Q: Does pivot aiming require any “feel”?

A: Here is the bottom line: By pivot aiming, the results gained by the effort put in far exceed anything I got from shooting at invisible points and invisible balls. Aiming by using objective references (centers and edges) is what I believe to be the nerve center of these systems. With practice the subconscious mind learns the motions, and the conscious mind just focuses on line up, slide in, pivot, shoot.  Another aspect of pivot aiming is visual intelligence. Every OB->CB->pocket relation has a unique visual. Through practice, you learn to find the right eye position for any given shot. This is how you can line up two shots exactly the same but with a slightly different relation and still hit center pocket. Whether visual intelligence is the same as “feel” is up to interpretation, and IMHO irrelevant to the outcome.


There are a few adjustments to the system for certain shots, but only a couple.

Adjustment #1: For razor thin cuts, you may want to line up the inside edge of the cue ball to the outside edge of the object ball (instead of outside 1/8th.)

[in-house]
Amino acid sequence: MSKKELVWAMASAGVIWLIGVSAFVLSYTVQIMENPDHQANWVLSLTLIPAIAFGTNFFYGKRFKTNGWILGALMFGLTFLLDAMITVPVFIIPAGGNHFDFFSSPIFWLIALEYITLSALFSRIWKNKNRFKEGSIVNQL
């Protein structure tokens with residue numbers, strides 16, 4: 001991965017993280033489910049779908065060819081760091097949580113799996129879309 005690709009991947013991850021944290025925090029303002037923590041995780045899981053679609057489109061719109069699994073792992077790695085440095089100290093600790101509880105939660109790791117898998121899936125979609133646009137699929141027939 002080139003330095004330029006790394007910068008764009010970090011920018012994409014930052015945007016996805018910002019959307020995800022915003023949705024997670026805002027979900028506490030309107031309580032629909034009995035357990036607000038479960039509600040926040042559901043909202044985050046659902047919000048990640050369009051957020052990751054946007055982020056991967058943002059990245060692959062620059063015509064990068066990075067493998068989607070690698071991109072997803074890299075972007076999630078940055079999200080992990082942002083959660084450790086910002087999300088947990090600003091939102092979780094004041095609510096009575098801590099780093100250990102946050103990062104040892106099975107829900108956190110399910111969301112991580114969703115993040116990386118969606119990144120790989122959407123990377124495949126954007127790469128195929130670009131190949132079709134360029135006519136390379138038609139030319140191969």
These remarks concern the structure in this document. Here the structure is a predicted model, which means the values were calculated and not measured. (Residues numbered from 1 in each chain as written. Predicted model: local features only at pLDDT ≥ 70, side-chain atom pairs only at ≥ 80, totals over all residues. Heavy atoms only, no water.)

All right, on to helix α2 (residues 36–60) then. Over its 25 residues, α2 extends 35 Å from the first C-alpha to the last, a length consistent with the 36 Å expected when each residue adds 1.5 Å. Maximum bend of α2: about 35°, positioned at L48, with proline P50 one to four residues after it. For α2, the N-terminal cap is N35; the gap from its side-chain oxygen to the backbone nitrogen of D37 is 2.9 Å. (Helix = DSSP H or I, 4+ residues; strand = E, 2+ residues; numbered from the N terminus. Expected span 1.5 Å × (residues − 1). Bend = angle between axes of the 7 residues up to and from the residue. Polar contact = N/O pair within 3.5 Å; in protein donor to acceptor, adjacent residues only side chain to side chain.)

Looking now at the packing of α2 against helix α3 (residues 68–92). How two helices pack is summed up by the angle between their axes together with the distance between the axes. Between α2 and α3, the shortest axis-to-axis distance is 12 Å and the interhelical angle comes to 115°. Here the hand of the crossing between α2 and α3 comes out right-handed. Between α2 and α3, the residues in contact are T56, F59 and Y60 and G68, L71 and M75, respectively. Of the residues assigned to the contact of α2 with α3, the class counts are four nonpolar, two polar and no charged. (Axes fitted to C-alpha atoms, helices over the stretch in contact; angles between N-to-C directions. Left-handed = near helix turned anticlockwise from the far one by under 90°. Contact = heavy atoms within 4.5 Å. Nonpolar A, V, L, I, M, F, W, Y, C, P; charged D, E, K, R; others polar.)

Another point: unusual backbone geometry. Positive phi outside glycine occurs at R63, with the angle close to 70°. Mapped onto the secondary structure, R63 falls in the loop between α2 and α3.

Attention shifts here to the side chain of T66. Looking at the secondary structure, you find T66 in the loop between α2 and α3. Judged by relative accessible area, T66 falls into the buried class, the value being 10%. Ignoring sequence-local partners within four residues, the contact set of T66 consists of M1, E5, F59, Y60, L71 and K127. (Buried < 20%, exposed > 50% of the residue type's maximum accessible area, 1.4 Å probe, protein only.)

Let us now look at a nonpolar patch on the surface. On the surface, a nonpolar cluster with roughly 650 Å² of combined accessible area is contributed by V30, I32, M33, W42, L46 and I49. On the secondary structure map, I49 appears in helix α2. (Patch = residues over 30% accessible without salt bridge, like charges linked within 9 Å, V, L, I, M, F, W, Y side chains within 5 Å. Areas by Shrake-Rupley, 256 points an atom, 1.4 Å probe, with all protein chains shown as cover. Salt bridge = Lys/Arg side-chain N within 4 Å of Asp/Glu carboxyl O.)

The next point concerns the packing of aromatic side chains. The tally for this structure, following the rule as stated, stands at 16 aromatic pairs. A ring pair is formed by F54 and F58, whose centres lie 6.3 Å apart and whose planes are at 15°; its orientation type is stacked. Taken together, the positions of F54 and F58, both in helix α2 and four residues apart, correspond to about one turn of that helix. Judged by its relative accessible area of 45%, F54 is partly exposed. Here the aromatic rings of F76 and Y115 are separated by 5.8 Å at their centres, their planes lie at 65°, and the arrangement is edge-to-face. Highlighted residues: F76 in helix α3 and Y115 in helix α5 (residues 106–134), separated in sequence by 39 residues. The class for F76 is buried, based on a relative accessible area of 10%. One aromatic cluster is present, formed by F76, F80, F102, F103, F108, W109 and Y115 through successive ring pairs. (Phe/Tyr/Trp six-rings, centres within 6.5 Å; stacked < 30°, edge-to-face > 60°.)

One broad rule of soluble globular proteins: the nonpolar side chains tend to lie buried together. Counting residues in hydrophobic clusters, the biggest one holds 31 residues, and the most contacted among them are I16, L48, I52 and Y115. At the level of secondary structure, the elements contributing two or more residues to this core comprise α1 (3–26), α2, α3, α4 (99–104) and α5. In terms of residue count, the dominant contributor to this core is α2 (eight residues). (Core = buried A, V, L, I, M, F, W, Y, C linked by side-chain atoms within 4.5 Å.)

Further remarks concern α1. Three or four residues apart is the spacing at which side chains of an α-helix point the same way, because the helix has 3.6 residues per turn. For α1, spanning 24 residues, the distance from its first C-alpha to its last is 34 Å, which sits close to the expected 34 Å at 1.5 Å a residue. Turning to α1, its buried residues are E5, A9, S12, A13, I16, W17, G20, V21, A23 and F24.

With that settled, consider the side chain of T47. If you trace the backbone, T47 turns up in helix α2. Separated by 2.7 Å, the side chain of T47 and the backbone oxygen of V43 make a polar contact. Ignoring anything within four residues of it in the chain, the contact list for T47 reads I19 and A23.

Adjustment #2: For shots where the CB-OB distance is closer than 1 diamond, the system moves up one level: shots that are normally lined up ETE become ETC, and shots normally lined up ETC become Edge-To-1/8th. The bridge hand also moves closer to the shot, and the pivot point will be closer to (or on) the bridge hand. Again, focus on the shot circle.


Here is the real beauty of this system. If you have been paying attention, you will notice that you don’t need to look at the pocket when executing a shot. Yes the pocket is involved during shot selection, but not during execution. To shoot a bank shot, simply find the natural angle to the rail (there are many ways to do this, here is what I do.) Once you know the natural angle, treat it as if shooting straight to a pocket. Just pick the secondary reference line according to this angle. Of course on a bank shot there are other factors involved with a rail, so read up on banks and how to adjust for them. Generally, on a cut-angle bank add about a 1/2 tip of outside english. On a cross over bank, just hit center ball.